You can create performance based bonuses, or put together a long term plan that shares increasing amounts of income as the project progresses.

I would avoid bringing on another partner if there were any other way to provide incentives. Like my marriage analogy above, splitting a partnership up can also be very messy and expensive.

Also, we started our business together, a partnership was the only way we would all agree to work together. We've taken the risk together from the beginning. We've talked about bringing other people on as partners, for much the same reasons you state, but have always decided that we were better off finding alternatives to keeping our (valuable) staff happy. Most people are replacable and just because your important guy is a partner, doesn't mean he'll stick it out if he gets bored.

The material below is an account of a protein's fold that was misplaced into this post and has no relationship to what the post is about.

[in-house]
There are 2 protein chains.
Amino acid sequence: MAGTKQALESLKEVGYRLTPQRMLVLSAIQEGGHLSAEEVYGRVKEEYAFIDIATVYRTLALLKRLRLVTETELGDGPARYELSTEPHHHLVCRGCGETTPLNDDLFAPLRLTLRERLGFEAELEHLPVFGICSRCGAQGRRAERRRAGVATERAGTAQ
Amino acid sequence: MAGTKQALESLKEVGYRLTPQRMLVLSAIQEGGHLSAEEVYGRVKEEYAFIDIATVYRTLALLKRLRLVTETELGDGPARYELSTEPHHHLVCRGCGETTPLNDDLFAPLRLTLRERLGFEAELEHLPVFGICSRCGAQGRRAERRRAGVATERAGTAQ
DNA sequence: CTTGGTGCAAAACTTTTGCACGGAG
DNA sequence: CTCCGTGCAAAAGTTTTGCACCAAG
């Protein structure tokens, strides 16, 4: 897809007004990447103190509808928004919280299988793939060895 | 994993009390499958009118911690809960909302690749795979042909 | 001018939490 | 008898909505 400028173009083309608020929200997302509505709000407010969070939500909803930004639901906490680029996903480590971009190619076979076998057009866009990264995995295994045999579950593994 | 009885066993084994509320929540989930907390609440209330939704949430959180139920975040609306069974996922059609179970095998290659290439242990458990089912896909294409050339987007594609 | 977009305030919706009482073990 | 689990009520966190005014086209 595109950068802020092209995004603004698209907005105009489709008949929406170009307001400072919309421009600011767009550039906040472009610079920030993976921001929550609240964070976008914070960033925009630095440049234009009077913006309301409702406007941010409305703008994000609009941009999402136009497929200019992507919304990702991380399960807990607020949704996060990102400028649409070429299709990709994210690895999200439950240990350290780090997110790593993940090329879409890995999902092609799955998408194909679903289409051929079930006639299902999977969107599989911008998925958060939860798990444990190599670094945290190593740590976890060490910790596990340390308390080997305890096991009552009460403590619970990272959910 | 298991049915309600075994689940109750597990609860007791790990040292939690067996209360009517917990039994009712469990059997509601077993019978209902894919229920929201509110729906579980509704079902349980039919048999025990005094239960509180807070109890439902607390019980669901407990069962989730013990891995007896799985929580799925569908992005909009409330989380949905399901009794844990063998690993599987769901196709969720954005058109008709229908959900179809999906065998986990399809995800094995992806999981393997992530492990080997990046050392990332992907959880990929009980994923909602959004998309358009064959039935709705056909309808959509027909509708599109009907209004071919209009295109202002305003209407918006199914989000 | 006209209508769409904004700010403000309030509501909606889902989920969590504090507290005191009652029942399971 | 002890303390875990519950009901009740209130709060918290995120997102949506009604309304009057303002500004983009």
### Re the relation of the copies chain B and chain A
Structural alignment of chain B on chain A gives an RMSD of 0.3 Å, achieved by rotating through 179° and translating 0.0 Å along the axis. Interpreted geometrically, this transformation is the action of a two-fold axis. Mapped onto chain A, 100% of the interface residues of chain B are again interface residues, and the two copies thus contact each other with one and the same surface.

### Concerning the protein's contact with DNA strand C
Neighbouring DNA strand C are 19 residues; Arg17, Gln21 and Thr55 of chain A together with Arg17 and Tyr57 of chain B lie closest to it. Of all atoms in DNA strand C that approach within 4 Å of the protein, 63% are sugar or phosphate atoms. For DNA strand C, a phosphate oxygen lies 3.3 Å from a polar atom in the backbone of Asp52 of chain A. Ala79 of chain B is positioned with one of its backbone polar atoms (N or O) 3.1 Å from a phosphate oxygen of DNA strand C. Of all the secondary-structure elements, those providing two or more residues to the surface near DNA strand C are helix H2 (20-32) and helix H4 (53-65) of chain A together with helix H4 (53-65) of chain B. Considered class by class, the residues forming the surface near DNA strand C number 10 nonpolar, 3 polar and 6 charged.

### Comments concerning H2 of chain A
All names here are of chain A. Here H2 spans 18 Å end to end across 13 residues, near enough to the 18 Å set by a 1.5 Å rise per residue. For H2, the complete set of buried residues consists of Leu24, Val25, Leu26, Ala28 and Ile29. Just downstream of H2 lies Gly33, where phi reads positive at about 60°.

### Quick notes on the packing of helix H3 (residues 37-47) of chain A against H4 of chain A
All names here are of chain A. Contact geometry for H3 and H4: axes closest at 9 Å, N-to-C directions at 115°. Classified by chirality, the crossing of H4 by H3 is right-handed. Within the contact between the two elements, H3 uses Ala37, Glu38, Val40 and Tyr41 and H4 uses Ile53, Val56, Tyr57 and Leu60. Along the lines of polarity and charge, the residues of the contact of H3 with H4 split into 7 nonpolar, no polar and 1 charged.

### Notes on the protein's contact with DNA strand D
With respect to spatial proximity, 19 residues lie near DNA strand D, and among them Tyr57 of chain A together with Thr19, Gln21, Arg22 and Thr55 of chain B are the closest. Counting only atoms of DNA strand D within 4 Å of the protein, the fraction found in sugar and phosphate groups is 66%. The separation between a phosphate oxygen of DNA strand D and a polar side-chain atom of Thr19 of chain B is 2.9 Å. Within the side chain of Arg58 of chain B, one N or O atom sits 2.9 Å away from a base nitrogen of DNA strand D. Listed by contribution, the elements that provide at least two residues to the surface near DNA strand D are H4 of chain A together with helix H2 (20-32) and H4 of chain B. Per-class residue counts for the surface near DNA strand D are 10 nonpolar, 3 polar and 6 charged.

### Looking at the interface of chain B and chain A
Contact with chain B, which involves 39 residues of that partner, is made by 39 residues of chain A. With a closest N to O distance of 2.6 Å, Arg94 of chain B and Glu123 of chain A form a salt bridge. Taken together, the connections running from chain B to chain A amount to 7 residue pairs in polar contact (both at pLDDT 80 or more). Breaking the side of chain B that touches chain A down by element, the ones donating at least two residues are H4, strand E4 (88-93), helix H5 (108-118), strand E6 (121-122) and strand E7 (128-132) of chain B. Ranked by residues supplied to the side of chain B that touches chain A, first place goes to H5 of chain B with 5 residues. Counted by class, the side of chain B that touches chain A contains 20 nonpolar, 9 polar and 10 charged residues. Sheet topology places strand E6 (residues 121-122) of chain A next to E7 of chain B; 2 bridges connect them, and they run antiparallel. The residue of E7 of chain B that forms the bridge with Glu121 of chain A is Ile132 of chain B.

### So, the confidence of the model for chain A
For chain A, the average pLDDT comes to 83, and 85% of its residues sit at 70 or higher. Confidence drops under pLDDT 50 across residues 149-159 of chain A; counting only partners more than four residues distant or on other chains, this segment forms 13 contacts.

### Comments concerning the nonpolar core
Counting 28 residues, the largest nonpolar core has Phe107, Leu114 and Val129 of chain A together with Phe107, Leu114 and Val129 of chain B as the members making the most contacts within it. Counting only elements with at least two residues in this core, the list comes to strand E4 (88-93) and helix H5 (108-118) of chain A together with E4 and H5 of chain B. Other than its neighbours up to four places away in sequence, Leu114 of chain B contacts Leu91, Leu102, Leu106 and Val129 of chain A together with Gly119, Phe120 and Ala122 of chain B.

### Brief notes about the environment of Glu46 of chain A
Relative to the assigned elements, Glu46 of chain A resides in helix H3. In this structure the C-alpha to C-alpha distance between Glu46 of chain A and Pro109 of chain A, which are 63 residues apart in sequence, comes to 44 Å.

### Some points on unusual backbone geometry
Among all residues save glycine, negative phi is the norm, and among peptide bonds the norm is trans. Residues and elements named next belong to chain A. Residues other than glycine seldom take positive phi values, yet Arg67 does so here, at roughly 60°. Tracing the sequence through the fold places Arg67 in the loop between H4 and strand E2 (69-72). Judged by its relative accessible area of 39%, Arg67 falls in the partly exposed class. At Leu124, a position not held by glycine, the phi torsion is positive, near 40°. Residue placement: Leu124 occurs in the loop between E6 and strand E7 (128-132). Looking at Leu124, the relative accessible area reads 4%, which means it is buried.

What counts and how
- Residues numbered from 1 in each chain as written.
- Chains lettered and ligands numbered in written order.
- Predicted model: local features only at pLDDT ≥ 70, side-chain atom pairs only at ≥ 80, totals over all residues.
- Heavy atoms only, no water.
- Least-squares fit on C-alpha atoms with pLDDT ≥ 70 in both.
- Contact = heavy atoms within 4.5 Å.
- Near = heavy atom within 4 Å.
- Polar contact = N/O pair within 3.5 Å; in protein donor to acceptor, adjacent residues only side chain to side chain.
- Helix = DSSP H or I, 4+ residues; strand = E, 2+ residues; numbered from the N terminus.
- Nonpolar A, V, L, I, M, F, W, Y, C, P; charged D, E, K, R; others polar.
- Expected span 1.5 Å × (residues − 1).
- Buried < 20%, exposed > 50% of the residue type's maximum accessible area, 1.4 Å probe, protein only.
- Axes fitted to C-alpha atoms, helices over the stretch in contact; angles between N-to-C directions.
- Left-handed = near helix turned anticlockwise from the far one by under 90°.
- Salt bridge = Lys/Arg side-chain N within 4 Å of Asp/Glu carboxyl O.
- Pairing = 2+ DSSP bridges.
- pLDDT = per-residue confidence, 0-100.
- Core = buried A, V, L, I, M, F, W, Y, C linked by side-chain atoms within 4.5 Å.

If you do go the partnership route, miss tea's advice is very good. Email's in my profile if you want more details about how we manage our partnership.
posted by rsclark at 1:44 PM on July 20, 2006

Whatever you do, consult a lawyer that represents ONLY YOU before you do anything else. Since your business is currently a sole proprietorship (and not an entity like a corporation or partnership), one lawyer can handle you and the business. Turn that business into an entity, and that lawyer can only represent one of you.

I realize there is always a tirade of "get a lawyer" in response to these questions. The reason is because its easy to get screwed on stuff like this. Spend a little bit up front, to help cover your butt in the distant future.